Shop price inflation accelerated at the highest rate for more than five years in December, despite widespread discounting in the build-up to Christmas.

Prices climbed 0.3% during the month – the highest rate of inflation since April 2013.

It also marked only the fourth month of inflation in the past five years, according to the BRC-Nielsen Shop Price Index.

Deflation in non-food prices decelerated to 0.4% last month, compared to 0.8% in November.

But food prices grew 1.5% in December, as inflation within ambient products accelerated to 2.3%, compared to 2.1% the prior month.

Inflation in fresh, however, slowed to 0.9% last month from 1.2% in November. 

The BRC said the easing in fresh food inflation was “the first indication of the downward pressures for the category from lower international food prices.

Global food prices have been in decline since May 2018, but the BRC said it takes “seven to 10 months” for changes to filter into price decreases at the shelf edge.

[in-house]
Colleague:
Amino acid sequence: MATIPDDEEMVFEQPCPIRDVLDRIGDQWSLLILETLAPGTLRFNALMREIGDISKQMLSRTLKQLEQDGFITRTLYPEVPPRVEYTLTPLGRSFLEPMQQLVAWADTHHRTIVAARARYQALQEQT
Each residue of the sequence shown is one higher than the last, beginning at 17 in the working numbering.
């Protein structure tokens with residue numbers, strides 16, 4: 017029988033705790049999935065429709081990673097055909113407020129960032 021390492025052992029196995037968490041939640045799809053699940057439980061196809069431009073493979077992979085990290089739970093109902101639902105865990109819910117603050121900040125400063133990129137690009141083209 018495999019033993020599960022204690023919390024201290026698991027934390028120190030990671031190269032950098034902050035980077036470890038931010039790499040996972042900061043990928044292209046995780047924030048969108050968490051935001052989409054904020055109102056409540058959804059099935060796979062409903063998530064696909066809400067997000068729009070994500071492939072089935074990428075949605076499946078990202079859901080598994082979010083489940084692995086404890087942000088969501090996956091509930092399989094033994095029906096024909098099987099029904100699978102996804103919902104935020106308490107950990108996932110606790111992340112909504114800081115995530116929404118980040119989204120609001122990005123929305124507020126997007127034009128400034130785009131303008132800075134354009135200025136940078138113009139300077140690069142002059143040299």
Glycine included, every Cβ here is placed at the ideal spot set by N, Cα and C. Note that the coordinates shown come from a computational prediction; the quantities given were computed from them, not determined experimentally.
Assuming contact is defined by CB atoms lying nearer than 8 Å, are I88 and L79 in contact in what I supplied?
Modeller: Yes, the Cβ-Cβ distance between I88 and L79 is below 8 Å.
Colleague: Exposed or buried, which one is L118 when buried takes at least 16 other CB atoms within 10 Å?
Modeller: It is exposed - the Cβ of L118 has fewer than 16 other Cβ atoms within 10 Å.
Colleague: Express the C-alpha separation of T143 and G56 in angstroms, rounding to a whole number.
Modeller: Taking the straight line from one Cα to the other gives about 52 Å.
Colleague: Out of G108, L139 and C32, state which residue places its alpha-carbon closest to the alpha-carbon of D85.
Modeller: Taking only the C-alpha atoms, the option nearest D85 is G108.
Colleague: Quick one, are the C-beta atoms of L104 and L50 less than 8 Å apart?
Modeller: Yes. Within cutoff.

However, BRC boss Helen Dickinson warned: “Shoppers may have become accustomed to great value, but Brexit uncertainty means that a continuation of the low prices is by no means guaranteed.

“Without a trade deal with the EU, the cost of importing many of the goods we buy day to day will go up significantly and retailers simply do not have the room in their margins to protect consumers from those costs.

“Unless Parliament comes together behind a deal that ensures frictionless, tariff-free trade we could see prices paid by UK households rise substantially.”

Nielsen’s head of retailer and business insight Mike Watkins added that retailers had to “work hard” over the Christmas period to “encourage” customers to shop.

He said discounting was “deeper and began earlier” as a result, across both non-food and food, with supermarkets resorting to “unprecedented levels of vouchering” during December.

Watkins said: “Retailers know that customers are worried about their personal finances, so they will continue to do all they can to limit price rises over the next few months despite the external pressures.”